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nbrough, George W. Summers, James A. Seddon.
North Carolina.--George Davis, Thomas Ruffin, David S. Reid, D Iowa, James Harlan; Delaware, Daniel M. Bates; North Carolina, Thomas Ruffin; Virginia, James A. Seddon; Kentware, Kentucky, Maryland, Missouri, New Jersey, North Carolina, Ohio, Pennsylvania. Rhode Island, Tennessee, Viana, Kentucky, Maryland, Missouri, New Jersey, North Carolina, Ohio, Pennsylvania Rhode Islaad, Tennessee, Vior Seddon's resolution were Kentucky, Missouri, North Carolina, and Virginia. James B. Clay then offered as a five that voted for it were Kentucky, Missouri, North Carolina, Tennessee.
and Virginia. Mr. Tuck then offereware, Kentucky, Maryland, Missouri, New Jersey, North Carolina, Ohio, Pennsylvania, Rhode Island, Tennessee, Vey, Pennsylvania, Delaware, Maryland, Virginia, North Carolina, Tennessee, Kentucky, Missouri, Ohio, Indiana, wing day,
February 6, 1861. commissioners from North Carolina ap. peared, and were invited to seats in the Co
uncan, William W. Hoppin, George H. Browne, Samuel G. Arnold.
Connecticut.--Roger S. Baldwin, Chauncey F. Cleveland, Charles J. McCurdy, Jsachusetts, Francis B. Crowninshield: Rhode Island, Samuel Ames; Connecticut, Roger S. Baldwin; New York, David Dudley Field; New Jersey, Pet lose his property.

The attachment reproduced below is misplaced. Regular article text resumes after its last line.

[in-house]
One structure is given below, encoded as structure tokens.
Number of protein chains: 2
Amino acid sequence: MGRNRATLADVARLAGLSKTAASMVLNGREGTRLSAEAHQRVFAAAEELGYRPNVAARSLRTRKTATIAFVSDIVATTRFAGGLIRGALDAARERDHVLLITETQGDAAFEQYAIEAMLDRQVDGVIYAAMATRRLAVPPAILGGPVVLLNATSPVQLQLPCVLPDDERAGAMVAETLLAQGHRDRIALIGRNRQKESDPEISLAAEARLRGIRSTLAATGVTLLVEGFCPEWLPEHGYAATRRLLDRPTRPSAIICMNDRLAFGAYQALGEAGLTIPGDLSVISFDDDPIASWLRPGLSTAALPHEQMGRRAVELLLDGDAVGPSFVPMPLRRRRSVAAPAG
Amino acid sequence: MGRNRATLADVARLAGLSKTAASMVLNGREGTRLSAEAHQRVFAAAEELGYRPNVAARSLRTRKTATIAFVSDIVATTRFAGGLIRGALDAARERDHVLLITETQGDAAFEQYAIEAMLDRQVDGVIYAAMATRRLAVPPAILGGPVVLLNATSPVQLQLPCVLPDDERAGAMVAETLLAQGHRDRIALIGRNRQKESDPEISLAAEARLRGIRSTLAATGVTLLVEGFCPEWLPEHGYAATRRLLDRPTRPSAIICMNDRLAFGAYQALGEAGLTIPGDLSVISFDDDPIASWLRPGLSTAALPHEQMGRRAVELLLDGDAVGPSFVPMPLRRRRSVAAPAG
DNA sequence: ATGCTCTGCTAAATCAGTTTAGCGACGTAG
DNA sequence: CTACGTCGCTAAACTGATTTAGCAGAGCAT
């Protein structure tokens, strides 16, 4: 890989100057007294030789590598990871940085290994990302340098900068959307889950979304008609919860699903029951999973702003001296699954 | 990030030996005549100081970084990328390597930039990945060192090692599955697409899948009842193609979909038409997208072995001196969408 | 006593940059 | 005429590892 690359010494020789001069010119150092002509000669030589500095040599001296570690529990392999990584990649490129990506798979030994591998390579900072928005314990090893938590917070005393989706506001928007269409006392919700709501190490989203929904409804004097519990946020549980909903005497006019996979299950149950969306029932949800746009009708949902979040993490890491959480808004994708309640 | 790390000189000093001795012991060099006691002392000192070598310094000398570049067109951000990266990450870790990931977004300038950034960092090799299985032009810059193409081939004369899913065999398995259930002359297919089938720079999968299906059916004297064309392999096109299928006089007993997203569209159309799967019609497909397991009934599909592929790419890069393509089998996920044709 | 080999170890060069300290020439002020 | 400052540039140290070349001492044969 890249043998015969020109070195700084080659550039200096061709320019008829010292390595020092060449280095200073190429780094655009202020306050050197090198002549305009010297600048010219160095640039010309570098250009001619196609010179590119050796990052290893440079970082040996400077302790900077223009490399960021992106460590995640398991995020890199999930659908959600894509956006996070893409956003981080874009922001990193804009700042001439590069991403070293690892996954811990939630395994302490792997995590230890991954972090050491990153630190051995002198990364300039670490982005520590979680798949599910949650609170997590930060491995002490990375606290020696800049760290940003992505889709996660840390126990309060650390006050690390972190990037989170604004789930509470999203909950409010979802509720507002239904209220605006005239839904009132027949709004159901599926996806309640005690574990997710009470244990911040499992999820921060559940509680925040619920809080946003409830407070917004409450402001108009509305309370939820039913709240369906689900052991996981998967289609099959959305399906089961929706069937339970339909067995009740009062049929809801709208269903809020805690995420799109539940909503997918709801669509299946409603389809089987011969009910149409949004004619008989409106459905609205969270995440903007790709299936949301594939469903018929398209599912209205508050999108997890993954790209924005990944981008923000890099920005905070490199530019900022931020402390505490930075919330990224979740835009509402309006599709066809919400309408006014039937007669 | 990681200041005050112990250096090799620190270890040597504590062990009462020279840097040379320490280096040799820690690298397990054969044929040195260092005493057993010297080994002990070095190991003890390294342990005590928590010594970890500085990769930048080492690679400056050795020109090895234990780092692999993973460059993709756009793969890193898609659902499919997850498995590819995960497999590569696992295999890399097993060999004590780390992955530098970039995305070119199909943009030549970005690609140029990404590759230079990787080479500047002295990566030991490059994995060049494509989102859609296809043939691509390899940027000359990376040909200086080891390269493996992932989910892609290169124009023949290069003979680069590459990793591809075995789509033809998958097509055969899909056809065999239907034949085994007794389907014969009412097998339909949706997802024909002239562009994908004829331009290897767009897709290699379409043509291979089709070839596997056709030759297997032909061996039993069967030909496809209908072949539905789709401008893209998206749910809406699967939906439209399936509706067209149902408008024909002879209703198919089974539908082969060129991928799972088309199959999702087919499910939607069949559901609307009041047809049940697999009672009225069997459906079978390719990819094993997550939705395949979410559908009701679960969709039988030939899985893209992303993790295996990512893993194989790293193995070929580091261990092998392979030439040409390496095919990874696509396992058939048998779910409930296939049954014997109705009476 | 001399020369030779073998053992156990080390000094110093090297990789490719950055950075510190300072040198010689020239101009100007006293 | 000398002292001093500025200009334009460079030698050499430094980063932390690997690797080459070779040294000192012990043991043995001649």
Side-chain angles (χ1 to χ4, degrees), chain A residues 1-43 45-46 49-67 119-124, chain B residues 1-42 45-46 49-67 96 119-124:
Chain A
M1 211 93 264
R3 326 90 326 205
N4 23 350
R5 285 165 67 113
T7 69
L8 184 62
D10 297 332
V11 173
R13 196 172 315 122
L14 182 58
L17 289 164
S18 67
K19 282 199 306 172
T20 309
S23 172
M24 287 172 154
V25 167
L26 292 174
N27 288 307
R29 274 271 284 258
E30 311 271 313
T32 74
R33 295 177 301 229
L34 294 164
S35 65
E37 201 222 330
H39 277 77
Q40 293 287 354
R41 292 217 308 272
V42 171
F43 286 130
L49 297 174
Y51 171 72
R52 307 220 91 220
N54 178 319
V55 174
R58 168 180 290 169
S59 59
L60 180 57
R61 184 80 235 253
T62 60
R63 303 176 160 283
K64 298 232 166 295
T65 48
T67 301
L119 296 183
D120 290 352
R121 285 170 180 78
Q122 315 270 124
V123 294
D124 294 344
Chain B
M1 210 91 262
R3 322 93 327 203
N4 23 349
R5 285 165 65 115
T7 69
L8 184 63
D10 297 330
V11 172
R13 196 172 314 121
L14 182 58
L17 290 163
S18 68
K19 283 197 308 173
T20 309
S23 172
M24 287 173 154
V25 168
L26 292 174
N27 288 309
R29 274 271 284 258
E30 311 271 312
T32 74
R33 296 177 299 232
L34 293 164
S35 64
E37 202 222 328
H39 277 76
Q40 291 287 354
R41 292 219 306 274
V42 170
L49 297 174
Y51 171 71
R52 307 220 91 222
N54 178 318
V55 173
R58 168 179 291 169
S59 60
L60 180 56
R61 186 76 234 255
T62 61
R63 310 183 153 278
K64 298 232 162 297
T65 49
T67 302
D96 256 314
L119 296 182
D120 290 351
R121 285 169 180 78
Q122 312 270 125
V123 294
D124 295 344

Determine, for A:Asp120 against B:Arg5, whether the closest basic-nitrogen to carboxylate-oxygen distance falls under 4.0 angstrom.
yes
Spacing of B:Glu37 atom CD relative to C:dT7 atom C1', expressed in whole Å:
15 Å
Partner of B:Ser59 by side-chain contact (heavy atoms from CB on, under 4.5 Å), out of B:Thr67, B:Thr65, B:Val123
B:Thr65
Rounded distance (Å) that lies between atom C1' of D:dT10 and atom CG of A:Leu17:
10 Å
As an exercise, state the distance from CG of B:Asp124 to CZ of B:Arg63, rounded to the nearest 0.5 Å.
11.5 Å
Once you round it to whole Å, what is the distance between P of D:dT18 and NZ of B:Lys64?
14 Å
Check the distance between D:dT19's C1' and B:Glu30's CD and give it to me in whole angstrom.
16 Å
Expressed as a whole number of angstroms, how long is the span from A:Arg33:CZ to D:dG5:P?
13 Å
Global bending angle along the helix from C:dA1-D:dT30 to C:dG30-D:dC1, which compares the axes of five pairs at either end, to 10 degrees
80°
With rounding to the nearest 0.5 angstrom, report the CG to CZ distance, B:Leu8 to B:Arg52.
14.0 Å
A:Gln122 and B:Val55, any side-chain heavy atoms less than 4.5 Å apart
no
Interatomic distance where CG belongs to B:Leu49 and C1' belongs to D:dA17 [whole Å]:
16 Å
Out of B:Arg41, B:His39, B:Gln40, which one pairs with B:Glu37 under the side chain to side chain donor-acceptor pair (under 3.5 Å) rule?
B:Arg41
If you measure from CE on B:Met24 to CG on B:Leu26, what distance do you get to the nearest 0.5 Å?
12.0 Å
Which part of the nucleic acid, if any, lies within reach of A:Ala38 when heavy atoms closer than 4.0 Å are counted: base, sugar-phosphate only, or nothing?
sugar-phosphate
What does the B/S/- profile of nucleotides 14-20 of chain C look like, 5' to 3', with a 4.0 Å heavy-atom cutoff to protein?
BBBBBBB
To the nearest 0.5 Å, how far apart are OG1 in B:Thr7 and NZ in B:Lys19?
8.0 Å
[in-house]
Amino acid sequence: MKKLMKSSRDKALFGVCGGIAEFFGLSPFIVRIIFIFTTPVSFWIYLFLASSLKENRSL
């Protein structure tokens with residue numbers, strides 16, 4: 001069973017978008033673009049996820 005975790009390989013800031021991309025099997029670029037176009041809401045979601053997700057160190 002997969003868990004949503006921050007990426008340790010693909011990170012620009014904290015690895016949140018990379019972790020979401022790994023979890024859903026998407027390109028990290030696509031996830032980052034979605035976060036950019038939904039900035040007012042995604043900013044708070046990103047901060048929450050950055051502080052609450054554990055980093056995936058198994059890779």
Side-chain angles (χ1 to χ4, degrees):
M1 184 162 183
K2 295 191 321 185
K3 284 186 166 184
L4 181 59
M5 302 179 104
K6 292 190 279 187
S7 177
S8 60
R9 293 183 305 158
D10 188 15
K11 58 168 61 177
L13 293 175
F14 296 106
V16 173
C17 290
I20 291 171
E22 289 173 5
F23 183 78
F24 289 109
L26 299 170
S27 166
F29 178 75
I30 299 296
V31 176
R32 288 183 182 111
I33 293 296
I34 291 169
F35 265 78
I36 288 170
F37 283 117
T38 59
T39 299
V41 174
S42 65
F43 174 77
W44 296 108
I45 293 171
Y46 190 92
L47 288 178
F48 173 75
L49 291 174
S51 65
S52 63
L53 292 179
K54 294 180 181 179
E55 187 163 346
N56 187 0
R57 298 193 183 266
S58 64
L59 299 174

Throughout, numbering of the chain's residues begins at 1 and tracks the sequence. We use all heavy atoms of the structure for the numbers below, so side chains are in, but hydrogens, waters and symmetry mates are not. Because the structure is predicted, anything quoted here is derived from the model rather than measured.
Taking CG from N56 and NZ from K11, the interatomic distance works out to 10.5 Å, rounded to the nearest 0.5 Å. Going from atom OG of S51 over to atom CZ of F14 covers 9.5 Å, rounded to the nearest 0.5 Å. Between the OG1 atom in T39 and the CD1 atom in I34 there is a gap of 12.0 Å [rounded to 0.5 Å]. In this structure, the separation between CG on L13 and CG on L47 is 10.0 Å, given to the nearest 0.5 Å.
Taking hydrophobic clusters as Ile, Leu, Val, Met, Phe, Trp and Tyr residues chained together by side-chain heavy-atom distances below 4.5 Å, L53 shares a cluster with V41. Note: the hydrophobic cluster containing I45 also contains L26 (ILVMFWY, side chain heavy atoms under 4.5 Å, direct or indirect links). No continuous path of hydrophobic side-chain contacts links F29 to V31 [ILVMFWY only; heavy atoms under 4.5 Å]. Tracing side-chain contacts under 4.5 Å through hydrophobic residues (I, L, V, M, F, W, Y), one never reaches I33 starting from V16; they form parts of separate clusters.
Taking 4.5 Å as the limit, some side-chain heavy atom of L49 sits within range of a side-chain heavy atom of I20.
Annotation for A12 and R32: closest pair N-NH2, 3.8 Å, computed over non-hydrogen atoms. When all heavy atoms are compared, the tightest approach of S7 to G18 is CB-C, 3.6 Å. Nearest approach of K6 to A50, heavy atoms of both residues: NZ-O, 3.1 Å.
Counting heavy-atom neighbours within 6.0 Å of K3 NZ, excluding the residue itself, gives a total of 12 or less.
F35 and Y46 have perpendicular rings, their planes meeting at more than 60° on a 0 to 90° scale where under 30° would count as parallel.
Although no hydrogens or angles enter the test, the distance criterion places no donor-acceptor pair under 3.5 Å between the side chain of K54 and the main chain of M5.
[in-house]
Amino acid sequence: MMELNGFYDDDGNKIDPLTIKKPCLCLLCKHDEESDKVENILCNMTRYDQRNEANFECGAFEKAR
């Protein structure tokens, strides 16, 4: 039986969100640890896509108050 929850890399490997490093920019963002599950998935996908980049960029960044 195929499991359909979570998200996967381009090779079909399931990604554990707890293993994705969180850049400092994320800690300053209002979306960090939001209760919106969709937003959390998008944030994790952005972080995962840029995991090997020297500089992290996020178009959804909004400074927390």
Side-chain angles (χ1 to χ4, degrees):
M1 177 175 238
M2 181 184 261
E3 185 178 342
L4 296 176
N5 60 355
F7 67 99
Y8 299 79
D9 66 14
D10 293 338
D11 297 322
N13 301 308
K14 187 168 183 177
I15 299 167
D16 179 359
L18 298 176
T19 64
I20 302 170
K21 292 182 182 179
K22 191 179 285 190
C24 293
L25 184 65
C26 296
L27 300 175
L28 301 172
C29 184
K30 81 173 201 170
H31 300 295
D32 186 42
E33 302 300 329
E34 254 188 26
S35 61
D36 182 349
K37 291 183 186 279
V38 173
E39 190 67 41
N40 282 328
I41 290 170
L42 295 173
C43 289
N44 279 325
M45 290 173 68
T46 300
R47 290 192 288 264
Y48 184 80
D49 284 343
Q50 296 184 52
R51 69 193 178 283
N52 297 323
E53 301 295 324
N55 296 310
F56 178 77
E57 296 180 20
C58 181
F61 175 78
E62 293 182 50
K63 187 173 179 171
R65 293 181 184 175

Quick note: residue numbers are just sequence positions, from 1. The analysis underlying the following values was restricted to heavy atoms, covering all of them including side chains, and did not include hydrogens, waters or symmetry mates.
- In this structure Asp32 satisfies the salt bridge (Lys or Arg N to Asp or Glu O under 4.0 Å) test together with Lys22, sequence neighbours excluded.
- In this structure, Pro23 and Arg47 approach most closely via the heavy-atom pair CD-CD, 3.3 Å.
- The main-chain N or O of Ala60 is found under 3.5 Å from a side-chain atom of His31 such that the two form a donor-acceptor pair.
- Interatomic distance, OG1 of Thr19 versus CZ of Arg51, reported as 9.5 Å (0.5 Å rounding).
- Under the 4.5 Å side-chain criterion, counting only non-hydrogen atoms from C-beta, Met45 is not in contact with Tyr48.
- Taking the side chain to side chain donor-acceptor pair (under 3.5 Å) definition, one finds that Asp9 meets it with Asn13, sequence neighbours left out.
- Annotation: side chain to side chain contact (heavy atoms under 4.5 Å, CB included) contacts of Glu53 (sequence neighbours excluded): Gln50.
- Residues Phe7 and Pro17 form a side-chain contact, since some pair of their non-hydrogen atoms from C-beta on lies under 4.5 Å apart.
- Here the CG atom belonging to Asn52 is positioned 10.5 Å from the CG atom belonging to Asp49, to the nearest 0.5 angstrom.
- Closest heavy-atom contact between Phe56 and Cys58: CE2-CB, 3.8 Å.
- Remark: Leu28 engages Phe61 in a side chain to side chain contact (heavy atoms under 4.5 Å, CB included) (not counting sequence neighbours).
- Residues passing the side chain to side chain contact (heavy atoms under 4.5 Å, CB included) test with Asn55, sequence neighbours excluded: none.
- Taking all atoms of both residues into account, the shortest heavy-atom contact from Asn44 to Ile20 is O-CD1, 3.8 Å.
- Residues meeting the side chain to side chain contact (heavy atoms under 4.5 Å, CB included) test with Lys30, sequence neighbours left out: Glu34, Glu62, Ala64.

Two members of the Committee (Baldwin, of Connecticut.
and Seddon, of Virginia) each presented a minority report.
Ba proposition was rejected by eleven States against ten.
Ayes--Connecticut, Illinois, Indiana, Iowa, Maine, Massachusetts, New York, New Haas rejected by a vote of thirteen States against eight.
Ayes--Connecticut, Illinois. Iowa, Maine, Massachusetts, New York, New Hampshire, were rejected by a vote of eleven States against nine.
Ayes--Connecticut, Illinois, Indiana, Iowa, Maine, Massachusetts, New York, New Has:--Maine, New Hampshire, Vermont, Massachu setts, Rhode Island, Connecticut, New York, New Jersey, Pennsylvania, Delaware, Maryland, Virgini
n defense, will not a shout of welcome, going up from the Rio Grande to Maine, and from the Atlantic to the Pacific, rekindle in patriotic hearts in both confederacies a fraternal yearning for the old Union?
Such was the notable plan for reconciliation put forth by the most distinguished of the leaders of the Peace party, that played an important part during the civil war. This novel proposition — this disjunctive conjunctive plan of conciliation, like the experiment of making a delicate China vase stronger and more beautiful by first breaking it into fragments, and cementing it by foreign agency, shared the fate of others in Congress and in the Peace Convention.
It was rejected as insufficient.
The conspirators had resolved on absolute, wide, and eternal separation, while the vast majority of the people of the Republic had as firmly resolved that there should be no division of the flag, of the territory, or of the sacred associations of the Past ; for out of that Past came the